A common thread through all these happenings is a disregard for the dignity of persons who disagree with whomever is speaking or writing, not only from the top down, but also from the bottom up, not to mention lateral exchanges among folks who espouse one or the other viewpoint. Attitudes are degenerating into self-righteous judging and name-calling, something Jesus did not do. This seems to be something learned from “leadership”, and it is not good. Any of us who hope to deal with our current situation cannot adopt this attitude. Our prayer life leads us to sense what each of us is called to do, not what we are to tell others that they ought to do. There is enough of that already, and it is not doing anybody much good.

Jesus doesn’t act like that in the Gospel. Since we are not getting any worthwhile example from on high, we have to depend on our prayer life to lead us. While we are not getting any respect from “leadership, we have to live mutual respect among ourselves, especially where there is disagreement. We also have to respect leadership and do what has to be done without rancor but with justifiable anger.

Our priests and deacons are beat up from all sides. The bishop threatens them with loss of position and livelihood, and people chide them for not standing up and shouting. None of us know fully another’s journey, so perhaps some charitable prayer and support might be appropriate here. The priests are just trying to care for their people and are paying the price. Some priests have legitimate concerns about possible personal and painful consequences to any action they might take. In the very recent past both Rome and local leadership have demonstrated that such concerns are legitimate and realistic. They have to make their own choices, and deserve respect whatever they choose. The importance of a solid prayer life becomes very clear. Independent thought is perceived as a threat by church leadership and has been dealt with severely. Many church “leaders” really are playground bullies, and have to be confronted. Our local situation reflects this. In the spirit of compassion, honor, and integrity, something has to be done.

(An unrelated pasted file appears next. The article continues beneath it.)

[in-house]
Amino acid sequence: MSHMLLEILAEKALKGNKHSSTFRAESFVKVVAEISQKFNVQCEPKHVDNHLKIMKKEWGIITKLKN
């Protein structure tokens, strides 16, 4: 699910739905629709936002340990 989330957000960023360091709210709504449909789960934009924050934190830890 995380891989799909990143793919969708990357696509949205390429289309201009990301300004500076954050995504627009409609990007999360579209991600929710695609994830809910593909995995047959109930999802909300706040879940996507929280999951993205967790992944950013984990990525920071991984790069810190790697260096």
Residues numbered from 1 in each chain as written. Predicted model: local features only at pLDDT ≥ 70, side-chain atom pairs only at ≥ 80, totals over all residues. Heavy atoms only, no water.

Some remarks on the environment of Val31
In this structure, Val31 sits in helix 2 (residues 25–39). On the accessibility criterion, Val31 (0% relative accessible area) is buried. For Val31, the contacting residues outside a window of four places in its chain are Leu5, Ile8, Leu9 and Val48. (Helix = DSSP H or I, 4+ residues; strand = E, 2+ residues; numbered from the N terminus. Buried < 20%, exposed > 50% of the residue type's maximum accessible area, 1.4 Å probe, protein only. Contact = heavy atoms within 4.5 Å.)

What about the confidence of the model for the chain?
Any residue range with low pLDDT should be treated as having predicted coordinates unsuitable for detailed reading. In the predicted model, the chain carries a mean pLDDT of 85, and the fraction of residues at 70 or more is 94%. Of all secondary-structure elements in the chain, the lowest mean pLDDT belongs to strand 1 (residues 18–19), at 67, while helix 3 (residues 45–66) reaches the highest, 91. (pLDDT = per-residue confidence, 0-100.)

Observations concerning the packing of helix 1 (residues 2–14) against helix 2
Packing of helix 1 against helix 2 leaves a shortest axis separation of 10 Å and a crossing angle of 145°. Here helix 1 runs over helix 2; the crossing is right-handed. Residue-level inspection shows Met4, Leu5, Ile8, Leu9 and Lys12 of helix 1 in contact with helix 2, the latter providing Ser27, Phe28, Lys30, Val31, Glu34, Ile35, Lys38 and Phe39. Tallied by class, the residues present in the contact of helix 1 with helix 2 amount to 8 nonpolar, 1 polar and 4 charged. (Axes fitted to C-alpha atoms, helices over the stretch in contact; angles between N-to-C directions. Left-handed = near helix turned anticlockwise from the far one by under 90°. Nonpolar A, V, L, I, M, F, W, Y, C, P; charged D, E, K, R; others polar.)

1John 3:18 reminds us “let us love not in word or speech but in deed and truth”. If any of us choose to become involved in addressing our current situation, these words must govern everything we do or don’t do. We must act out of love for our bishop, our diocese, for folks who agree or disagree with us, and we have to be ready to take whatever comes. “Whoever remains in me and I in him will bear much fruit, because without me you can do nothing.”

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Entry filed under: Catholic, Church Leadership, Current Church, Gospel thoughts, Local issues, Priest. Tags: , , , , , , , , , , .

Thoughts on Good Shepherd Story Gospel Thoughts 13 May 2012

3 Comments Add your own

  • 1. Bob Kloos  |  May 2, 2012 at 18:22

    I was once involved in an “intervention” with a family that had grave concerns about their parents’ drinking. It was a nervous time, but it came at the end of a very prolonged destructive time. Both parents went into treatment at the end of the session and the quality of life soared.

    Here in the Diocese, we have come to the point where lay and clergy are pulling our Bishop aside for some frank talk. The level of destruction and the complete loss of trust has hit a new low. We are asking for an “intervention” that will remove +Richard Lennon from our midst, for our well being as well as for his peace of mind. There is no justification for waiting any longer.

    We pray that our struggling shepherd understands that all of this is being done out of love for the Diocese that needs a better quality of life at this time.

    Reply
    • 2. phrogge  |  May 2, 2012 at 19:07

      Bob, I agree wholeheartedly. Look at a few blog posts from a week or so ago.

      Reply
  • 3. John W. Greenleaf  |  May 4, 2012 at 04:36

    We all need to seriously reflect on and then plan concerte steps in non-violent protest against destructive leadership in the church.

    Reply